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“At this stage? None of us are getting out of this alive.”
Those are the wise words of Conleth Hill, the man who plays Varys on Game of Thrones. He should know: the Spider has been at least partly responsible for several deaths across the series, and just learned that he himself has a prophesied date with the Stranger. Plus, it’s par for the course: When you play a character on Game of Thrones, you win or you die — unless you’re Lady Olenna of House Tyrell, in which case, you win and you die.
The iconic Diana Rigg, who brought the Queen of Thorns to life starting with the third season of Thrones, was freed from her service to Westeros in the show’s most recent episode, “The Queen’s Justice.” Unlike so many others who have lost their lives in the deadly games played for the Iron Throne, Lady Olenna was allowed a graceful exit: a painless death via a poisoned wine, so painless in fact that viewers weren’t forced to watch her actual passing. What’s more, she managed to score one final victory in the moments before her death, confessing to Jaime Lannister (Nikolaj Coster-Waldau) that she was responsible for assassinating Joffrey (Jack Gleeson) several seasons earlier.
We’ll drink to that.
It’s far from the first time wine has been used as a weapon on Thrones. It’s not even the first time wine has been used as a weapon this season. The very first scene of season seven featured Arya Stark (Maisie Williams) fully disguised as Walder Frey (David Bradley), annihilating his entire family by making them chug a poisoned batch of Arbor Gold, one of the finest white wines Westeros has to offer. It’s a scene that was greatly appreciated by Bob Cabral, the winemaker who created HBO’s official Game of Thrones wine collection, which is inspired by (but not named after) the Arbor varieties and Dornish reds found throughout Westeros.
“I think wine, much like any good story, has complexity,” says Cabral, on the ways in which wine has been featured on Game of Thrones, both as a cause for celebration and as the source of violent demises. “Each wine has a unique backstory and characteristics that make it what it is, which parallels to these fascinating characters and plotlines we see with stories like Game of Thrones. I think it also has a historical value to it that can almost feel mythical. Wine has been around for hundreds of years — who’s to say it hasn’t been around in fictional worlds for just as long?”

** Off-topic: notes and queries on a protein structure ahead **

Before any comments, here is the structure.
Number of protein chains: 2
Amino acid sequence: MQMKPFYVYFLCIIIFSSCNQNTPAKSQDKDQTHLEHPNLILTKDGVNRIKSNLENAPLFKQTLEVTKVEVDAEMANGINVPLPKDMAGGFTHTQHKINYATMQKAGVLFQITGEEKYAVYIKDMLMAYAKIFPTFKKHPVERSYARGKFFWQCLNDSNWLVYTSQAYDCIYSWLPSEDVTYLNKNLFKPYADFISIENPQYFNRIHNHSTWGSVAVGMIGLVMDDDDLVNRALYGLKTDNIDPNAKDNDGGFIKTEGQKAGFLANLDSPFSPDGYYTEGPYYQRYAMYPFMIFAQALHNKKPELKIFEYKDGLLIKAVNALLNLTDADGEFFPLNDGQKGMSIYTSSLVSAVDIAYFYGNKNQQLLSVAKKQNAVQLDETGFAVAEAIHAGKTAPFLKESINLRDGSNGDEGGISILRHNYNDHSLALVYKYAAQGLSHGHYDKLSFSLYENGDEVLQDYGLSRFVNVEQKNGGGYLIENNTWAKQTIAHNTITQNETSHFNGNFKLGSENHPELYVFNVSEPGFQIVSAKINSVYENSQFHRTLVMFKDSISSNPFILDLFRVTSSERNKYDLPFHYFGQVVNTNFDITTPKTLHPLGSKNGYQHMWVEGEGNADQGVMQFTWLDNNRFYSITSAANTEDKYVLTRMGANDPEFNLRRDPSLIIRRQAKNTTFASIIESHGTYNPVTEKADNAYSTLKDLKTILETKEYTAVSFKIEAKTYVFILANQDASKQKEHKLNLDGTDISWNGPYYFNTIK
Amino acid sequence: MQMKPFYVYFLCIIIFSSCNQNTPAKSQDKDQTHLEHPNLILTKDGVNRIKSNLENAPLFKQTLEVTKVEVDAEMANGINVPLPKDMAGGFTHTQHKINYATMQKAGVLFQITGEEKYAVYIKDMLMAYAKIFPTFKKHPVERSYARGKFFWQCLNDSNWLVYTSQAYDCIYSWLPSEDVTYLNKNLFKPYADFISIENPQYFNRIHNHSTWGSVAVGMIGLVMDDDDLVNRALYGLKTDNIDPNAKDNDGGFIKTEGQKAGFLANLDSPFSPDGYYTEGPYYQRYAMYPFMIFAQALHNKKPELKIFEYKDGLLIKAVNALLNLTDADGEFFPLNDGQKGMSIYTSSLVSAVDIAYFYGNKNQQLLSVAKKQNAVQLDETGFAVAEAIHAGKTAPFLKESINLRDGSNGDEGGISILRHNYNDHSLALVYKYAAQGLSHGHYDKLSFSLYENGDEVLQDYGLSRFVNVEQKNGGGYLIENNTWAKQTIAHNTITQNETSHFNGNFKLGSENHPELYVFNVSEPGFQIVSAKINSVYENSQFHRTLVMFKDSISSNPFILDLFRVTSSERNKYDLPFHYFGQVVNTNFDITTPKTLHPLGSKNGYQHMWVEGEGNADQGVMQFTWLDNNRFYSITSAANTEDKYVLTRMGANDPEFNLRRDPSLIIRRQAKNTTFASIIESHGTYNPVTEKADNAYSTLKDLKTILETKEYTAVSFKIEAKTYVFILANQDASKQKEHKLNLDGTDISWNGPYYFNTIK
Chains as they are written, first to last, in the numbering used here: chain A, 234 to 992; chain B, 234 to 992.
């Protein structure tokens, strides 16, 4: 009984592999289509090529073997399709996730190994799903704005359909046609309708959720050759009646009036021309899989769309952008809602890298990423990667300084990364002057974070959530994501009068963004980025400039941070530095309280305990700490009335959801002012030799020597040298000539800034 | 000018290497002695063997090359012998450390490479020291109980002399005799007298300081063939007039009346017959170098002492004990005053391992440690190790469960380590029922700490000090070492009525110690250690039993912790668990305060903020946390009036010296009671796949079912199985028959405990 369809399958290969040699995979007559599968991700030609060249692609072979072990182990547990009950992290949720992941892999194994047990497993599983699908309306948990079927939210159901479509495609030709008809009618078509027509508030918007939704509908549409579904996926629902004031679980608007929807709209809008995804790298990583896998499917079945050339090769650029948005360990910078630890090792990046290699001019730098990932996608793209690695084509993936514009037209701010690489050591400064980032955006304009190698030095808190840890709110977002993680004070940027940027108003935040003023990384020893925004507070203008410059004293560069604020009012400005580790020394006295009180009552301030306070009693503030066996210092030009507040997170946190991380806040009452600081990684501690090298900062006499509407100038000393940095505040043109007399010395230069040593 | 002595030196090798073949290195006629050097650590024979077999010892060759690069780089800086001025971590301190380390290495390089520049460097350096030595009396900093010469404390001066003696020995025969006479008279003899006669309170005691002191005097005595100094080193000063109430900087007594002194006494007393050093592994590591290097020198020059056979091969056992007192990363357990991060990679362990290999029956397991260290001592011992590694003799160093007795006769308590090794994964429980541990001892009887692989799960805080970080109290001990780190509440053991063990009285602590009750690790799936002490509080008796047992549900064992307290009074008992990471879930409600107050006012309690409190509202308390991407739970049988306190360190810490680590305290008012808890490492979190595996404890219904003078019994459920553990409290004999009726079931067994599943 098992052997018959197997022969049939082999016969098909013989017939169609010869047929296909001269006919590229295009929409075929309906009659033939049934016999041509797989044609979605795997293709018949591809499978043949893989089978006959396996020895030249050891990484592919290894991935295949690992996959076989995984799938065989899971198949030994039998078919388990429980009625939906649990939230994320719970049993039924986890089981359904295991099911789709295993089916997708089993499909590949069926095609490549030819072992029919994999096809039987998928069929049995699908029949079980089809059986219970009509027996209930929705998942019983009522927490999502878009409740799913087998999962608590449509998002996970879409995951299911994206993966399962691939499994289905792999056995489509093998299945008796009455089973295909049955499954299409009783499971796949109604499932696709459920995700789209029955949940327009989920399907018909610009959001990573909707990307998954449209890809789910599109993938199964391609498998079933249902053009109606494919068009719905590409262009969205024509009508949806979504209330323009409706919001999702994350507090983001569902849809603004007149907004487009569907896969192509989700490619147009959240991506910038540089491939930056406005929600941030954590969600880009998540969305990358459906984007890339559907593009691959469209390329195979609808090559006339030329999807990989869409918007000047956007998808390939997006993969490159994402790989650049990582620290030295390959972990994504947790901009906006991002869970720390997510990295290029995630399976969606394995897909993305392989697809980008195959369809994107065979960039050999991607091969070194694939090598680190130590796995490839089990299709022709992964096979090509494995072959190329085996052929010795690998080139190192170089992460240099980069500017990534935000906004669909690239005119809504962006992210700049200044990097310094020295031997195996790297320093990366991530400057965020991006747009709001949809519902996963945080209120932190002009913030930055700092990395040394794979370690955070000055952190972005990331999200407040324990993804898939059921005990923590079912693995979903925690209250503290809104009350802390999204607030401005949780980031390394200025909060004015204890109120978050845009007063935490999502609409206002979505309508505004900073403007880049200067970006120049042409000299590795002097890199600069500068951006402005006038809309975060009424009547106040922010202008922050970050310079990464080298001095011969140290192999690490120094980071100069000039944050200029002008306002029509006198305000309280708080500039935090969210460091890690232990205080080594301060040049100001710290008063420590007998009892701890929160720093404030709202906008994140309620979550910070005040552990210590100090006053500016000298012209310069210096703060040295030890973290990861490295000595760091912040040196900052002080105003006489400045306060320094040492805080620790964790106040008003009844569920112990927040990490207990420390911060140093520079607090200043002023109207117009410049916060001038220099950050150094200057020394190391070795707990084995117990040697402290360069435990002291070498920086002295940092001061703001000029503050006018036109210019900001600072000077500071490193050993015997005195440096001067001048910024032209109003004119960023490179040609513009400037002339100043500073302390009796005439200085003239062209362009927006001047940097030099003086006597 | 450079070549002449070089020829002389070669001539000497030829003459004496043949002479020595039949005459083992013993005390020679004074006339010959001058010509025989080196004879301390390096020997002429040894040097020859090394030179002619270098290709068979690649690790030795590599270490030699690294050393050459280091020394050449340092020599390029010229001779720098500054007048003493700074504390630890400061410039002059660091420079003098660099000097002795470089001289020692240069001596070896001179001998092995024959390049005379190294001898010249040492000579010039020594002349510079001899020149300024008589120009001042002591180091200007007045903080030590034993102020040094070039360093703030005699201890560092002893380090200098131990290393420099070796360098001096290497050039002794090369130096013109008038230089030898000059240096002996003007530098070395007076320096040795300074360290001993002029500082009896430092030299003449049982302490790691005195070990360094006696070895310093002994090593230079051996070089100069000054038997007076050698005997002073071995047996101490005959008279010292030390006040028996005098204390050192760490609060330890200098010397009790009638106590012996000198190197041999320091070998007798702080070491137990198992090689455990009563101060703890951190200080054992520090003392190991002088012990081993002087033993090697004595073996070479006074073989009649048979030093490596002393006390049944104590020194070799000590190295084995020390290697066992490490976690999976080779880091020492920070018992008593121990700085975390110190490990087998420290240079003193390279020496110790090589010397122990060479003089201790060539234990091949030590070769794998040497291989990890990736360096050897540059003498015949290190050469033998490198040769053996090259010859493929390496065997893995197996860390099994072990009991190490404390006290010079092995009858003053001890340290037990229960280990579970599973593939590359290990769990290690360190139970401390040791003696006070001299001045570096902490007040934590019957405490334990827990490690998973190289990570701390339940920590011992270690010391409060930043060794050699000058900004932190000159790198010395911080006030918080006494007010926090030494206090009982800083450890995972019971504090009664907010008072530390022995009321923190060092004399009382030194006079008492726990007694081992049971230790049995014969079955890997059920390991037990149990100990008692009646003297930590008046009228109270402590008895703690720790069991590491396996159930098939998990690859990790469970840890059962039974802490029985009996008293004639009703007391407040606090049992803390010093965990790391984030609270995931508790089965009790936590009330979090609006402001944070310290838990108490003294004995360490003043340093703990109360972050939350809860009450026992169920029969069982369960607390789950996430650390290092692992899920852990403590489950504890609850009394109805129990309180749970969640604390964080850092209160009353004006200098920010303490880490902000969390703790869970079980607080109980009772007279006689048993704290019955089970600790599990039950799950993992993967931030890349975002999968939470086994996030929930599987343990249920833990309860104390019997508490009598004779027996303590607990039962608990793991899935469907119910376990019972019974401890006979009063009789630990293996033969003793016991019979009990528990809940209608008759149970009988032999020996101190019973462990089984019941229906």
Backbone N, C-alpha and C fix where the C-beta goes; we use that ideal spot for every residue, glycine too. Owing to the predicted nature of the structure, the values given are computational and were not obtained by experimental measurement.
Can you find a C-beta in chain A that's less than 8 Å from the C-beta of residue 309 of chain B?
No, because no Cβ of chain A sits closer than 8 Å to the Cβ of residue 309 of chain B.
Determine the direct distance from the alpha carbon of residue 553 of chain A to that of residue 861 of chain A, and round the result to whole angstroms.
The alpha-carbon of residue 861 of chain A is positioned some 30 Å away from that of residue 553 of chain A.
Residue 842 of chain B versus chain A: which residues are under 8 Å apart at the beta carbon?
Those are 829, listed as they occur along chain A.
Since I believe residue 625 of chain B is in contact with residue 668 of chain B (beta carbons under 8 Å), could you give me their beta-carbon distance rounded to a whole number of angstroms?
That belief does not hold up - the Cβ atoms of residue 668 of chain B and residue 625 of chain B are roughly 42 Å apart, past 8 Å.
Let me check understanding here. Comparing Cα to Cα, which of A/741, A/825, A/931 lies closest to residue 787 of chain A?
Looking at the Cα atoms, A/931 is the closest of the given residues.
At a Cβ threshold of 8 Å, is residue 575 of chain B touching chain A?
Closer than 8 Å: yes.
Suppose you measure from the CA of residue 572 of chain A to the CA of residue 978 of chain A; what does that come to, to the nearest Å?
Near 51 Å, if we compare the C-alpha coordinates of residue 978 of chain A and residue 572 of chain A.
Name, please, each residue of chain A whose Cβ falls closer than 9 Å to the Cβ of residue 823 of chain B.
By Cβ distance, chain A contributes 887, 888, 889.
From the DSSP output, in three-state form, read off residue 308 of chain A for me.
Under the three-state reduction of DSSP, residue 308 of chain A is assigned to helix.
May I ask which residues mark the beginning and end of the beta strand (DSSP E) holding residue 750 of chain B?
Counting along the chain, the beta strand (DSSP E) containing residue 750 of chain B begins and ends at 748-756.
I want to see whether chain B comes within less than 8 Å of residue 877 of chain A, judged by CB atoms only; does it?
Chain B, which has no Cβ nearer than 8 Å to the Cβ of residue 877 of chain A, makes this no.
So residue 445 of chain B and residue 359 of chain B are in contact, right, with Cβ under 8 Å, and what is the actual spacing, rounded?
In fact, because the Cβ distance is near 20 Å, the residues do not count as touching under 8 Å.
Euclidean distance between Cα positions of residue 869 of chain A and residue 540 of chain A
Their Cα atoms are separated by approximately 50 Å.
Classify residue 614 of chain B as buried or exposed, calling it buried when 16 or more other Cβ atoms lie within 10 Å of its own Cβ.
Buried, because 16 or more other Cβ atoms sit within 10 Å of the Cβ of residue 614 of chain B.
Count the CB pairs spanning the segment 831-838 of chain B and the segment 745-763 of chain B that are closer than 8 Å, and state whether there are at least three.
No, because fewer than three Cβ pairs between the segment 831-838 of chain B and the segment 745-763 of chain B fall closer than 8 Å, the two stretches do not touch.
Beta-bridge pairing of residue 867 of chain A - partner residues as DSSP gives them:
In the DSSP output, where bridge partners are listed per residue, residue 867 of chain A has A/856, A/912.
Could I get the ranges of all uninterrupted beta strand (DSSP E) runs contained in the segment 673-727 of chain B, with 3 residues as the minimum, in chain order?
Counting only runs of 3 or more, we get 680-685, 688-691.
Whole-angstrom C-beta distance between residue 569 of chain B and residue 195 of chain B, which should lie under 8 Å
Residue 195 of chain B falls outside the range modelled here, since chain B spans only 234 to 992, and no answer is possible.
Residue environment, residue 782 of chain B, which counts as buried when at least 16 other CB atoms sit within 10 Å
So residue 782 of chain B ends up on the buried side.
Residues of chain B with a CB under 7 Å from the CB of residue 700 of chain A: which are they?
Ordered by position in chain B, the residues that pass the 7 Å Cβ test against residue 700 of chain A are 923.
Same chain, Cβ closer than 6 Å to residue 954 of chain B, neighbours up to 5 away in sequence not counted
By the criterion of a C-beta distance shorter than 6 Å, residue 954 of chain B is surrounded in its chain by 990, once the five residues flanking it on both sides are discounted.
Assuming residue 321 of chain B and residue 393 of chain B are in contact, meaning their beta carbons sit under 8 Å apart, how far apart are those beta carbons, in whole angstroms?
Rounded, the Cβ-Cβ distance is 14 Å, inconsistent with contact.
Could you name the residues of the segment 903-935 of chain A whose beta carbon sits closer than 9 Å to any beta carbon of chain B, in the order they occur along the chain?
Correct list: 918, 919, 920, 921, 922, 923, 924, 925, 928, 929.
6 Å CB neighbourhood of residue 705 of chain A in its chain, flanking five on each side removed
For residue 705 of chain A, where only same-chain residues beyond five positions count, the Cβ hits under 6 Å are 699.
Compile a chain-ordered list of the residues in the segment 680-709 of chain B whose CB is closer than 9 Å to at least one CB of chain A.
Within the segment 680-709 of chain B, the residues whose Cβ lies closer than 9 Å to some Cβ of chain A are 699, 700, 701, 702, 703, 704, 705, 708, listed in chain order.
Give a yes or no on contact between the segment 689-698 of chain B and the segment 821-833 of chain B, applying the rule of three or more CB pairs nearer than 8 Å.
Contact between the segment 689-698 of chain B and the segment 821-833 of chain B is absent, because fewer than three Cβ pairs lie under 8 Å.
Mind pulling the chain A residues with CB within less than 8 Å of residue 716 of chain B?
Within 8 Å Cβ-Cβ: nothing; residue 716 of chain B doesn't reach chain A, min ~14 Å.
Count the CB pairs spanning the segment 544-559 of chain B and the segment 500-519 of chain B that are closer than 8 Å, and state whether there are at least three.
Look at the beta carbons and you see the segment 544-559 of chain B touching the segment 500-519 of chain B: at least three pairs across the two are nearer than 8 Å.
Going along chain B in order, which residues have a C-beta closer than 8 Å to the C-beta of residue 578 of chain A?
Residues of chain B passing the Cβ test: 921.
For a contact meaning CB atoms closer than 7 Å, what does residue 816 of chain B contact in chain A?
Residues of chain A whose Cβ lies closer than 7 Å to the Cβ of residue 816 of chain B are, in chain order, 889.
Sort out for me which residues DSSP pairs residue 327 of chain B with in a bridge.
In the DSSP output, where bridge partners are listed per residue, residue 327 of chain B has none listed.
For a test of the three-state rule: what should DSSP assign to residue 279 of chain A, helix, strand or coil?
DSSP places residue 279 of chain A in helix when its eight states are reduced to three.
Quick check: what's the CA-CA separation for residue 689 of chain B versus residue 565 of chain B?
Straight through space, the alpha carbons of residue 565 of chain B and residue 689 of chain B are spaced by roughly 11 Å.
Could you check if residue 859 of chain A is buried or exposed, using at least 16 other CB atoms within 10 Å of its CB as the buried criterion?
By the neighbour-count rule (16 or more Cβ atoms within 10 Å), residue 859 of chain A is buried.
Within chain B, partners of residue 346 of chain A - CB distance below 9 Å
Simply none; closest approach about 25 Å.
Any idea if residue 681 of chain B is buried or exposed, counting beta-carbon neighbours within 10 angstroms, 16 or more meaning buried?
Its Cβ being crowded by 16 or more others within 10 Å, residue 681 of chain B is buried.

With that said (and with the added mention from Cabral about his product: “I promise this wine is not poisoned!”), read on for our favorite wine-soaked scenes in Game of Thrones — the two aforementioned scenes notwithstanding, may the Queen of Thorns rest in peace (if not the Freys).
The Boring Game
It shouldn’t come as a surprise, but Tyrion (Peter Dinklage) is the most valuable player in the Game of Thrones wine department, or at least its most prolific. Still perhaps his most memorable drinking scene: the moment in season one when he, Bronn (Jerome Flynn) and Shae (Sibel Kekilli) play a drinking game during a brief moment of respite from war.
Take the Black Wine
Another fantastic Tyrion drinking scene comes early on in season two, when the acting Hand of the King invites City Watch commander Janos Slynt (Dominic Carter) over for dinner and more than a few glasses of red wine. Even if Slynt had kept it only to “a few,” he wouldn’t have escaped Tyrion’s brilliant plan to send this child-murdering man to Castle Black.
The Booze of Blackwater Bay
Cersei Lannister (Lena Headey) would be the foremost drinker on Game of Thrones, if not for Tyrion. While the battle of the Blackwater raged on outside the walls of the Red Keep, Cersei relentlessly boozed her way through the evening, even convincing her would-be future daughter-in-law Sansa (Sophie Turner) to imbibe. The way she drinks through the scene, you get the sense Cersei doesn’t intend to survive the night — which, actually, is more or less exactly what’s at stake.
Boot and Rally
Yet another great Tyrion drinking scene, albeit one that’s as funny as it is depressing. Fresh from sailing across the Narrow Sea inside a small box, Tyrion’s first act in Pentos is to chug massive quantities of wine. He immediately pukes it all up. That doesn’t stop him from continuing to drink his way through much of the next few episodes. That’s Tyrion in a nutshell: he drinks, he knows things and he throws it all up.
Sansa Stark’s First Wedding
A much happier affair than her second marriage, albeit one that was still an unpleasant evening, thanks in large to how much wine Tyrion consumed throughout the night. It culminated in Tyrion completely losing his cool with the ferocious Tywin Lannister (Charles Dance), one of few times he allowed himself to rise up against his father — until that fateful night in the privy just one season later.
The Red Wedding
You can’t blame the copious amounts of wine the Stark army consumed for their complete decimation at the Twins, but it was certainly a contributing factor. Booze-addled soldiers are no match for the unforeseeable cruelty and cunning of Tywin Lannister, especially when his schemes and plots are backed up by the equally wicked Walder Frey and Roose Bolton (Michael McElhatton).
The Purple Wedding
The event that led to what still remains the single most satisfying death in Game of Thrones history: Joffrey Baratheon chugging wine all through his wedding day, only to finally sip on a fateful poisoned cup, ending his life in a dizzying display of purple-faced chaos. Reliving that moment, it’s no wonder Lady Olenna was able to die with so much satisfaction.
Watch the video below for the Game of Thrones cast’s preview of season seven’s battles.
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